Imagine going into an exam with 9 of your classmates. You’ve studied hard, despite setbacks, and feel as ready as your teacher could make you feel (which is likely not all that ready—more on teachers in a later post). Unfortunately, only 4 of you will even pass that exam and none of you will really do well on it. The other 6 of you will lack the skills required to do anything productive with your basic education. In fact, it’s likely that those 6 are illiterate. Now consider that not only can you not read at age 15, but also that you’ve just wasted 9 years of your life learning things that cannot be useful to you in the future, when you could have been perfecting your maize growing skills and adding to your family’s livelihood.

But, hey, at least you had a school in which to do it. And the textiles were so nice for all of those 9 years.



15 responses to “So You Want to Build A School in Africa?


    Thank you. Thank you for giving me a fantastic, stats-supported, pre-analyzed, field-based statement I can send to teachers and fellow do-gooders to help explain to them why plonking a building in the middle of the Guinea Savannah, while highly cathartic to disconnected white people, doesn’t actually even begin to address education.

    I’m looking forward to your weigh-in on teachers. And when you get back the Canada, the YE team owes you a beer and a long talk. And that will probably turn out to be me, so prepare.

    Keep rocking it out there. I continue to be really impressed.

  2. Thank you for sharing the stats and the complexity of the issue but I honestly feel that your sarcasm and negativity detracted from the points that you made.

    Yes the system is flawed and education isn’t as good as it should be, but don’t we have similar issues in Canada? Quebec has a 30% drop-out rate, no? And do you really feel that a bad education is better than NO education? That it is in fact useless for a farmer (or farmer’s wife) to go to school? Come on…

    All projects have negative bits, and some more than others….But I do think your throwing stones technique is counter productive and lacks nuance….and humility.

    I think you make good points and have important insights to share…REALLY important insights to share but I think they can be more clearly with less negative feelings to those individuals who, just like you, are trying to have impact.

    • Thanks for the feedback, Mary!

      I’m not sure of the Canadian stats, but I hypothesize that some areas suffer as badly as those in the Northern Region of Ghana. Unfortunately, I don’t have the time or internet access to go and dig out those stats. I’m more interested in the process behind retrieving and analyzing them, anyway.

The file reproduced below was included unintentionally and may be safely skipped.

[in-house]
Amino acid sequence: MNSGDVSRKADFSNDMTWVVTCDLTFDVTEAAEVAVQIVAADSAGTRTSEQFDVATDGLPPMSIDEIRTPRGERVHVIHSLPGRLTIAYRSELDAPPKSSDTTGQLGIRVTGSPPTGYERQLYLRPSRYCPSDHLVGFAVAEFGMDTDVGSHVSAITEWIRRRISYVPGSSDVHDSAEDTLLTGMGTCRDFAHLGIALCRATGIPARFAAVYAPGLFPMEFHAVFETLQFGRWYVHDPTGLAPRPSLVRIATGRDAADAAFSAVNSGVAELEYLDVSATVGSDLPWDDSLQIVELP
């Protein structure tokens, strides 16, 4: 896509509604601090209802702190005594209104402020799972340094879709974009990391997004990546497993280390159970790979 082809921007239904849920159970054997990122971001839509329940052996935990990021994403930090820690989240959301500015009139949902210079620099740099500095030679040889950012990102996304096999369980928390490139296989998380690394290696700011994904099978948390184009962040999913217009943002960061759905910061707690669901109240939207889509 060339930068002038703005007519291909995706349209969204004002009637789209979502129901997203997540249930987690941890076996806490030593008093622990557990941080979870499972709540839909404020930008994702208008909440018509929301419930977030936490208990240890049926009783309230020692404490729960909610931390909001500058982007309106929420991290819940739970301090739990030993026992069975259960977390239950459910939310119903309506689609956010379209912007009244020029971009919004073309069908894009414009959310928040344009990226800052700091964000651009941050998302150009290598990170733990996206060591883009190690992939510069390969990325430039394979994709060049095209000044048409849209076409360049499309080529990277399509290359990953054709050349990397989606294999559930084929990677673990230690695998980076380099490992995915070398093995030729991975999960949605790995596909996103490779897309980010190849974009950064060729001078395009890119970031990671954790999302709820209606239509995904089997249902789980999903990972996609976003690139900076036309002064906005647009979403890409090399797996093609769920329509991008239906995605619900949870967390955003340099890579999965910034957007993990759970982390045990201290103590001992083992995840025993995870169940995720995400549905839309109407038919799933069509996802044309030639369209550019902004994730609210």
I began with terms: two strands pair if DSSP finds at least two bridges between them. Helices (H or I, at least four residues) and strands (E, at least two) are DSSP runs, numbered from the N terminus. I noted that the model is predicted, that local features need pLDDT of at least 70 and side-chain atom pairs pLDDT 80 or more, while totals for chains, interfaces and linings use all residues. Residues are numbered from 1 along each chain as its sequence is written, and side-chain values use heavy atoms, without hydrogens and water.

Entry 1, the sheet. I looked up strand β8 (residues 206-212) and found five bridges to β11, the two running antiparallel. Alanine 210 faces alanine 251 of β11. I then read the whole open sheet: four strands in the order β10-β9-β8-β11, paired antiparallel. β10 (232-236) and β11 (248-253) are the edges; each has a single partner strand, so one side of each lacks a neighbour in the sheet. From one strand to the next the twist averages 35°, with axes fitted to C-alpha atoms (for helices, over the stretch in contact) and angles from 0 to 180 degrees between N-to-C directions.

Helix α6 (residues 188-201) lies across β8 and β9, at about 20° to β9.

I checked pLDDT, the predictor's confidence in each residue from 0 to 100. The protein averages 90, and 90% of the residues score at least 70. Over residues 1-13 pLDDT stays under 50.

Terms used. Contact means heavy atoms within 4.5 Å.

I don’t think it’s useless for anyone of any age to attempt an education. However, it’s useless for them to do so with the mindset that education = good life. In the NR, this is not necessarily so. Instead, getting an education is a lot like playing the lotto without knowing your odds, since these data are not freely available to the public as they should be according to Ghanaian policy. Even if they were, I’m sure they would not be well understood. So basic education ends up being a 9-year long risk. This is the same in Canada, but the major difference is that the data about the education-good life connection are readily available to those seeking out that education, so the risk involved is a lot more fair.

      It’s true that all projects have good and bad aspects. I didn’t really highlight the good aspects of schoolbuilding, did I? They do exist. The Ghanaian government may have built the majority of those 132 schools, but guess who filled the gap? Do-gooding schoolbuilders, in fact. Also, even if the schools do not end up being used as schools, they serve as multipurpose infrastructure that could serve the communities in other ways. Finally, I think that engaging Westerners IS another benefit. Who knows how many students go to build a school and realize that maybe they can do a lot of good for development in other ways? I think that opening up the culture bubble of the West through these projects is definitely a good aspect. I have a friend whose life was changed when she built a school in an African country. Now, she’s a kick-ass EWBer. I can’t deny the potential for that kind of thing to happen.

      I have to agree with you about this post lacking humility and nuance. Read my next post to find out why.

  3. Hey Chris,

    Thanks for some data on education in Ghana. Although, I’ll have to agree with Mary that perhaps your tone of messaging is a bit over the top, thank you for spending the time to analyse the really issues facing education in Ghana.